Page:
VCOM Research Day Program Book 2023

Medical Student Research Educational

04 Horses, Heartmath®, and Honest Reflection: a Novel Approach to Building Resiliency and Wellness in Medical Students

Jessica Scheve, OMS-2, Stacey Lilley, PhD, LPSC; Scott Severance, PhD; Barb Lutz, MA, CEAC Corresponding author:

Liberty University College of Osteopathic Medicine Liberty University Counselor Education and Family Studies

collected at the beginning and end of the five-week training via ear probes and emWave® software. All 19 participants completed clinically validated surveys – Mayo Clinic’s Medical Student Well-Being Index and the Resilience Scale (14) – at the beginning and end of the five weeks. One-on-one interviews provided qualitative assessment of the nine participants in the experimental group. RESULTS: Resilience scores increased for the intervention group between pre-test (mean 84.9) and post-test (mean 87.9), indicating the training increased resilience (p=0.130); slight decrease in resilience was observed in the control group. Medical Student Well-Being Index scores for the participant group between pre-test (mean 4.2) and post-test (mean 3) also improved (p=0.084). Pairwise t-test analysis showed a statistically significant (p≤0.05) increase in HRV. Independent analysis of participant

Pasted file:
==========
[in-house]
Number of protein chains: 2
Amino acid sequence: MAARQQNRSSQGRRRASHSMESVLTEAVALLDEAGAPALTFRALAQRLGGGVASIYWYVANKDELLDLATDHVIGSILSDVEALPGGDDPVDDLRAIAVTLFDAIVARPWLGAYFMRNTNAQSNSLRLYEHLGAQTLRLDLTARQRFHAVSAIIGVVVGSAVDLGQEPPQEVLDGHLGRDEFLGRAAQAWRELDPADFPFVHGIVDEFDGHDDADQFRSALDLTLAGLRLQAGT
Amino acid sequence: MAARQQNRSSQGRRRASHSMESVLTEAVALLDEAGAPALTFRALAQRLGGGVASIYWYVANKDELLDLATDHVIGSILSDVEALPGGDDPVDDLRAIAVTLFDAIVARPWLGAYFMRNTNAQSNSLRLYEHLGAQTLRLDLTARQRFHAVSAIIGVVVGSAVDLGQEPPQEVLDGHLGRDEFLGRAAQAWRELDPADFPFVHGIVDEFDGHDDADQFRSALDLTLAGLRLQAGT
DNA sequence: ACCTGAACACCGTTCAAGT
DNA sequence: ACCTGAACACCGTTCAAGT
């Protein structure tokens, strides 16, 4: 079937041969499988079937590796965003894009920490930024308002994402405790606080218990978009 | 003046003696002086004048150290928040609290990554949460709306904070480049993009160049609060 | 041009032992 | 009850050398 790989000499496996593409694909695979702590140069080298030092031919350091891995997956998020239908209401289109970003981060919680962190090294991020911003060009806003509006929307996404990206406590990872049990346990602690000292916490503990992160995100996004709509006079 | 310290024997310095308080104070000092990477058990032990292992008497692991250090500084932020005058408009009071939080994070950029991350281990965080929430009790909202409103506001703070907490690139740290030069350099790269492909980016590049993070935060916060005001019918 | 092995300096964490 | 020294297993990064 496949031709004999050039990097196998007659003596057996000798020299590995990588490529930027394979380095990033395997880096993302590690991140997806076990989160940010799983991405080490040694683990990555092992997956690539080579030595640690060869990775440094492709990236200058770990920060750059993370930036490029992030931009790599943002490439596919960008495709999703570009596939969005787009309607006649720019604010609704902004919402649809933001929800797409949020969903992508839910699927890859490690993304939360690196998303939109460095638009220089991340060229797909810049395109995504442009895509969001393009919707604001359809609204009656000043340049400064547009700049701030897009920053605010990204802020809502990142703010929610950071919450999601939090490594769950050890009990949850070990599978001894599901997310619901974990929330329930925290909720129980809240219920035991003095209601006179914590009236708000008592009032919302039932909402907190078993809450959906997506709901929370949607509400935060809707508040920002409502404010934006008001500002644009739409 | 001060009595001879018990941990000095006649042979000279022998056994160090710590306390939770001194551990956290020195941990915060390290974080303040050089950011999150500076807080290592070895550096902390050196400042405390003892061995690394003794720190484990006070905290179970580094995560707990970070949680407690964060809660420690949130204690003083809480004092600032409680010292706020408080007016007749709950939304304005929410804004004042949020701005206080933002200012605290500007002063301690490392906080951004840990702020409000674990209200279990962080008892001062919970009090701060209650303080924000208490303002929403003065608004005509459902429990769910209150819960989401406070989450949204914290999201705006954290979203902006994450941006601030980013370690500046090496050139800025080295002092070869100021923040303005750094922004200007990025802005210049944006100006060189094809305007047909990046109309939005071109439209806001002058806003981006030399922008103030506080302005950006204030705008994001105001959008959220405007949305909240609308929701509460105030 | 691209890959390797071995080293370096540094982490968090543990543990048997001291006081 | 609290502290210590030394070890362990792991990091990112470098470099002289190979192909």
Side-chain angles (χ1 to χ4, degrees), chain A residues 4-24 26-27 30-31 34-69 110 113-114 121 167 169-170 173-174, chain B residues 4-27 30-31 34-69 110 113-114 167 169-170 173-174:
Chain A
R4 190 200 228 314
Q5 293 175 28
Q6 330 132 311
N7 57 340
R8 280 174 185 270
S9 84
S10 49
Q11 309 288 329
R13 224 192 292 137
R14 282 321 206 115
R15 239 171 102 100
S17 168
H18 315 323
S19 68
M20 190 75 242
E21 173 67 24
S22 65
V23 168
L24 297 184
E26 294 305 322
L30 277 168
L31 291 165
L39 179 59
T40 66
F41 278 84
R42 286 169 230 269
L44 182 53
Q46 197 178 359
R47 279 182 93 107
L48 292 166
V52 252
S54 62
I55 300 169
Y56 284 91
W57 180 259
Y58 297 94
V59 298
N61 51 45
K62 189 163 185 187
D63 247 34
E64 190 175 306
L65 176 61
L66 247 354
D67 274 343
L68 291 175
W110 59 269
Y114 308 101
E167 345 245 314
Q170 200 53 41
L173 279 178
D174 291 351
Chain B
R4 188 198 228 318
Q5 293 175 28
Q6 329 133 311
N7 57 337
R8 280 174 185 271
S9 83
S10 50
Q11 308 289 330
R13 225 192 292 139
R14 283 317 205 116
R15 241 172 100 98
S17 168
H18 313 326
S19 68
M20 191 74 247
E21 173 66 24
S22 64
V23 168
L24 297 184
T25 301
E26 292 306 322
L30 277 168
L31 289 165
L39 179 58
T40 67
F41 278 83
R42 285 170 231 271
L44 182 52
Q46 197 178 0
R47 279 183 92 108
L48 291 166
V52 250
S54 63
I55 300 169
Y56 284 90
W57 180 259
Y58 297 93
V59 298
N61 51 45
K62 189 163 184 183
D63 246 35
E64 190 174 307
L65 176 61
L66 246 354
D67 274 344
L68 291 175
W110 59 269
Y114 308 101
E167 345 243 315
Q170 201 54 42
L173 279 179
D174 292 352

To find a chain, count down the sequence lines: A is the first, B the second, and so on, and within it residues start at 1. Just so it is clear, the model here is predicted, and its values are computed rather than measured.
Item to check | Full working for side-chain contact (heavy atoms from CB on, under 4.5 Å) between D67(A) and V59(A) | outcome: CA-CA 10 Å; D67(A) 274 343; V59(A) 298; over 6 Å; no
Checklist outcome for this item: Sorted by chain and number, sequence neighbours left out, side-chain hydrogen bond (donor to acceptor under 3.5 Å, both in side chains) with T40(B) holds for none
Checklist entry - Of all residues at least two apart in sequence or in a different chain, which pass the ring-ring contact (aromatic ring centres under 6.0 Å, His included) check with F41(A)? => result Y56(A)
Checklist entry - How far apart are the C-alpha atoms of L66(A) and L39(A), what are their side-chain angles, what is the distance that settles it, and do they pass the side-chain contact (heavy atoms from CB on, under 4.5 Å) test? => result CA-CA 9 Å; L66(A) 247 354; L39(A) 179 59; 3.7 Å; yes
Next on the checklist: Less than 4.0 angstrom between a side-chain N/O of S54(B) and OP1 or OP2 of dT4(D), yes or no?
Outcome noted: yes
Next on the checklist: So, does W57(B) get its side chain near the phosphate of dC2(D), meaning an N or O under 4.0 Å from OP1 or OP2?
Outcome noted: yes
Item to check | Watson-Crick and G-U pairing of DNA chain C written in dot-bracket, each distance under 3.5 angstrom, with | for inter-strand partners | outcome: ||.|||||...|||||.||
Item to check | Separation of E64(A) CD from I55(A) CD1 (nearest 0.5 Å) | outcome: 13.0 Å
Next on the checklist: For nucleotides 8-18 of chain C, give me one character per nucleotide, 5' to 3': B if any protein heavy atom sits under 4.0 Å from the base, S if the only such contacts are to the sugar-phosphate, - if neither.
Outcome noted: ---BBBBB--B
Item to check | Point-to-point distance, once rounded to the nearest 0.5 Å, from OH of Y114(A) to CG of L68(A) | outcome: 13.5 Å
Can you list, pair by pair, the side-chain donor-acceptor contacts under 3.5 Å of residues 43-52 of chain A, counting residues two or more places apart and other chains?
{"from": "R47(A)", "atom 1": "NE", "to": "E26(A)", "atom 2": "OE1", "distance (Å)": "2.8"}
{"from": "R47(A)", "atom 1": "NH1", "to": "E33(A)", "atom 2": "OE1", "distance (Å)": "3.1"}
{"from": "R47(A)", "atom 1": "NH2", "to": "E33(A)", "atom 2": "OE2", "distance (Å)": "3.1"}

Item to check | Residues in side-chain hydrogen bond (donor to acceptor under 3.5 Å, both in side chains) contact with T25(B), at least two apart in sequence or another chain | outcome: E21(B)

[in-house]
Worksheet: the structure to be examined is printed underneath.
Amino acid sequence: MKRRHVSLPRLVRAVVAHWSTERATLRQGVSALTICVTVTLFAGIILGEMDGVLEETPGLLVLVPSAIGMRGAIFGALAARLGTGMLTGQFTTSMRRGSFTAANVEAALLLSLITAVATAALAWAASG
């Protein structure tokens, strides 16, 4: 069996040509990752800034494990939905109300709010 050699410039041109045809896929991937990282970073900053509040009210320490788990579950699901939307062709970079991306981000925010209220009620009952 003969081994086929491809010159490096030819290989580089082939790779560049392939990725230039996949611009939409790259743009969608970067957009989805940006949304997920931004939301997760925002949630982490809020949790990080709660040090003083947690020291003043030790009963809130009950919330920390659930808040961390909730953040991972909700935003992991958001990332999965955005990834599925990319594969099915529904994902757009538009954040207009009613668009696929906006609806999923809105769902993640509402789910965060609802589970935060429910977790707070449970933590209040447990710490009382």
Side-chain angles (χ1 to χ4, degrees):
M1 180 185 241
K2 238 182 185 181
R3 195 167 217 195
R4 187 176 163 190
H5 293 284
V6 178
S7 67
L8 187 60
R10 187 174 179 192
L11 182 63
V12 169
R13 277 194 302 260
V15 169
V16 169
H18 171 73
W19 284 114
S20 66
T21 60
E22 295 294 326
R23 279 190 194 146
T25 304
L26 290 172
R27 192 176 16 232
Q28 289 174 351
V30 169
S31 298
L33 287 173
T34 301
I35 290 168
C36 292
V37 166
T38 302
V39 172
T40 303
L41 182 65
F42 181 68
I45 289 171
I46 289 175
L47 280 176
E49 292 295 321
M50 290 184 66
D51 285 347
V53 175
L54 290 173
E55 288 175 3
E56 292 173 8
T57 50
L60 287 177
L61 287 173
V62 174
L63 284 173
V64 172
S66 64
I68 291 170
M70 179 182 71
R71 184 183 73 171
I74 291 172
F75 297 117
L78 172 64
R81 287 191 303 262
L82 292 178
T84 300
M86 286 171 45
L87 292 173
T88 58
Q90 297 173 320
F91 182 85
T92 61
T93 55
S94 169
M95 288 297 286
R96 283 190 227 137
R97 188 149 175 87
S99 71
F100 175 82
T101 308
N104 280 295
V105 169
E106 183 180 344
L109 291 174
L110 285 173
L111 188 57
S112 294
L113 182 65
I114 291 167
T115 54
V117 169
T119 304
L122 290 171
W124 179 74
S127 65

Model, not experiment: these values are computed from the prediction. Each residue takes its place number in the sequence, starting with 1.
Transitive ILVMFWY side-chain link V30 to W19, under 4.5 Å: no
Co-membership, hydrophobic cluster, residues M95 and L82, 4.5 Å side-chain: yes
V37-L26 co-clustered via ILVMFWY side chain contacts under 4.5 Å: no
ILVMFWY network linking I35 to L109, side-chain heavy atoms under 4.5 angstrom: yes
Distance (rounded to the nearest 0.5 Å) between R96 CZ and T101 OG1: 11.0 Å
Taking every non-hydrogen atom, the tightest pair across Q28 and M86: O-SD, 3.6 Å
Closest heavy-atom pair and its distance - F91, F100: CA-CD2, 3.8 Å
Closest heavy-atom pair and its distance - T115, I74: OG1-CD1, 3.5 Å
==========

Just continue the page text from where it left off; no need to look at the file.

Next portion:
interviews by licensed counselors identified seven themes: belonging, awareness of self, lens, ambiguity tolerance, new coping skills, collaboration, and efficacy (BALANCE). CONCLUSION : Our pilot study revealed HEART© participants experienced a statistically significant increase in HRV, which brought about increased resilience and well-being creating BALANCE in participants.

PURPOSE: Heart rate variability (HRV) –time fluctuation between heartbeats – is a noninvasive way to detect lack of homeostasis in the autonomic nervous system. Higher HRV is associated with increased resilience and well-being. Equine-assisted learning (EAL) and HeartMath® Techniques independently increase HRV. Our HEART© (Holistic Equine-Assisted Resilience Training) study combined EAL, Heartmath®, emotional regulation, and professional identity formation to track HRV, resilience, and well-being in medical students, whose burnout rates are as high as 40%. METHODS: Participants were rising second-year osteopathic medical students. The study utilized mixed methods design with a control group of ten students receiving no intervention and nine participants receiving the equine-assisted training two hours each week for five weeks. HRV data was

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